VMware injected a little money into systems management software upstart Puppet Labs in its third round of funding back in November 2011. But now the server virtualization juggernaut has its hands firmly up the backside of Puppet Labs as it has become one of the bigger investors in the company after doing the fourth round of funding, weighing in at $30m, all by itself.
'Op! Op! Op!' Gangnam Style earns Google $8m
Google has pulled in $8m from the over one billion YouTube views of Korean rapper – or K-pop entertainer, your call – Psy's Gangnam Style (강남스타일) video.
Tech firms face massive tax bill if Dutch vote to end loopholes
US corporations including Dell, Yahoo!, and Google could be facing an extra $90bn in taxes if the Dutch government presses ahead with plans to stop the country being used as a conduit for companies looking to avoid paying local revenue officials.
Embiggened x86 servers help Super Micro set revenue records
Last year was not an easy one for whitebox king Super Micro, which makes a living selling x86 servers as well as the components for those who want to compete with it. But the latest record-breaking revenues and improving profit picture shows the company has overcome its setbacks.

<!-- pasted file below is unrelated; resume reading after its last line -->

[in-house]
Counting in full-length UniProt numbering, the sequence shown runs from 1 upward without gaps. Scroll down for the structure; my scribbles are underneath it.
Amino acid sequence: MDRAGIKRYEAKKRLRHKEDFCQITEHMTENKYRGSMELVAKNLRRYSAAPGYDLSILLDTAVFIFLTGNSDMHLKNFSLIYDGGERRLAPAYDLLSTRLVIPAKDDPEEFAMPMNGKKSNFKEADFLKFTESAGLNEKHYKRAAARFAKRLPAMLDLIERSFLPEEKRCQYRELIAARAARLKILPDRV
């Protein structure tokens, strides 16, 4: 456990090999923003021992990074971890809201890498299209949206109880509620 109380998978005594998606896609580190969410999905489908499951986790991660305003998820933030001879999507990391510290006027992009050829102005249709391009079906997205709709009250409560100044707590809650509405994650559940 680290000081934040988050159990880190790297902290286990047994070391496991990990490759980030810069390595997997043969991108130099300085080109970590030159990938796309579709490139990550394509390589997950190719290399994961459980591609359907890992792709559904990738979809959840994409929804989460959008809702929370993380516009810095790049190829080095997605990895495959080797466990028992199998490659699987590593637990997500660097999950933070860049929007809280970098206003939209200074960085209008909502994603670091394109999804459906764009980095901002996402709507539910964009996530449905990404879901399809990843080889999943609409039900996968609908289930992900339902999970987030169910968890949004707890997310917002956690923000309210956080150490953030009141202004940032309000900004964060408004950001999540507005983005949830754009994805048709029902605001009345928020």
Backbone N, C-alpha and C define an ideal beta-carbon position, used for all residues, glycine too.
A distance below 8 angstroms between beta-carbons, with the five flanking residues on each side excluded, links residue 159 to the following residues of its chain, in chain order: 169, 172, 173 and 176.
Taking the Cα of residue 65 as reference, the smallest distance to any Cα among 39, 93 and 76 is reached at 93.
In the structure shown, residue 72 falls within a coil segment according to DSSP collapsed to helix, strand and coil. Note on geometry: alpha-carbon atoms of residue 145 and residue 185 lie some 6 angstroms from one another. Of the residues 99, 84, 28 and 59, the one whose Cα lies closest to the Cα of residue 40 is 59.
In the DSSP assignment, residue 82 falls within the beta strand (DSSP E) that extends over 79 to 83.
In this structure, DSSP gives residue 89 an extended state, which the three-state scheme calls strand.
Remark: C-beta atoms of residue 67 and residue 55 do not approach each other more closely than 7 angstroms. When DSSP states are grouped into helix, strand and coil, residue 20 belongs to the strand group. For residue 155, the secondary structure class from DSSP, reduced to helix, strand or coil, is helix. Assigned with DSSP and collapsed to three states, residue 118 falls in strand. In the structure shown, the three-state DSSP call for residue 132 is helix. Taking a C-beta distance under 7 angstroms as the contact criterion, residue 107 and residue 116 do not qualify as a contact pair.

Apple shares dive after quarterly report disappoints Wall Street
Apple released its financial results for the first quarter of its 2013 fiscal year after the markets closed on Wednesday, and disappointing results immediately drove its stock price down by over 5 per cent.
Telstra bets on a software future
Telstra has announced a new software unit it hopes will deliver revenue streams to help replace the doomed old-telco income from fixed line services – and to protect its mobile business against the threat posed by app businesses.
Samsung beat Apple for most chip purchases in 2012
Samsung surpassed Apple as the leading consumer of semiconductors worldwide in 2012, while slumping demand for traditional PCs and notebooks caused several other competitors to reduce their demand, according to the latest figures from research firm Gartner.
Cisco pays $475m for Israeli mobile network firm Intucell
Cisco has bought Israeli mobile network traffic management software firm Intucell for $475m in cash as it seeks to expand its footprint on the mobile market.
Squillions of bytes in one cup of DNA
It’s not the first time that digital data has been encoded on DNA, but new research published today in Nature brings bio-storage a significant step closer to reality.
AMD to get dense about servers – but in a good way
Maybe SeaMicro, the upstart maker of low-power microservers that dragged Intel kicking and screaming into the market, should have bought AMD instead of the other way around. Or maybe after the AMD transformation is all done some years hence, it will look like that is what happened anyway so the difference will be moot.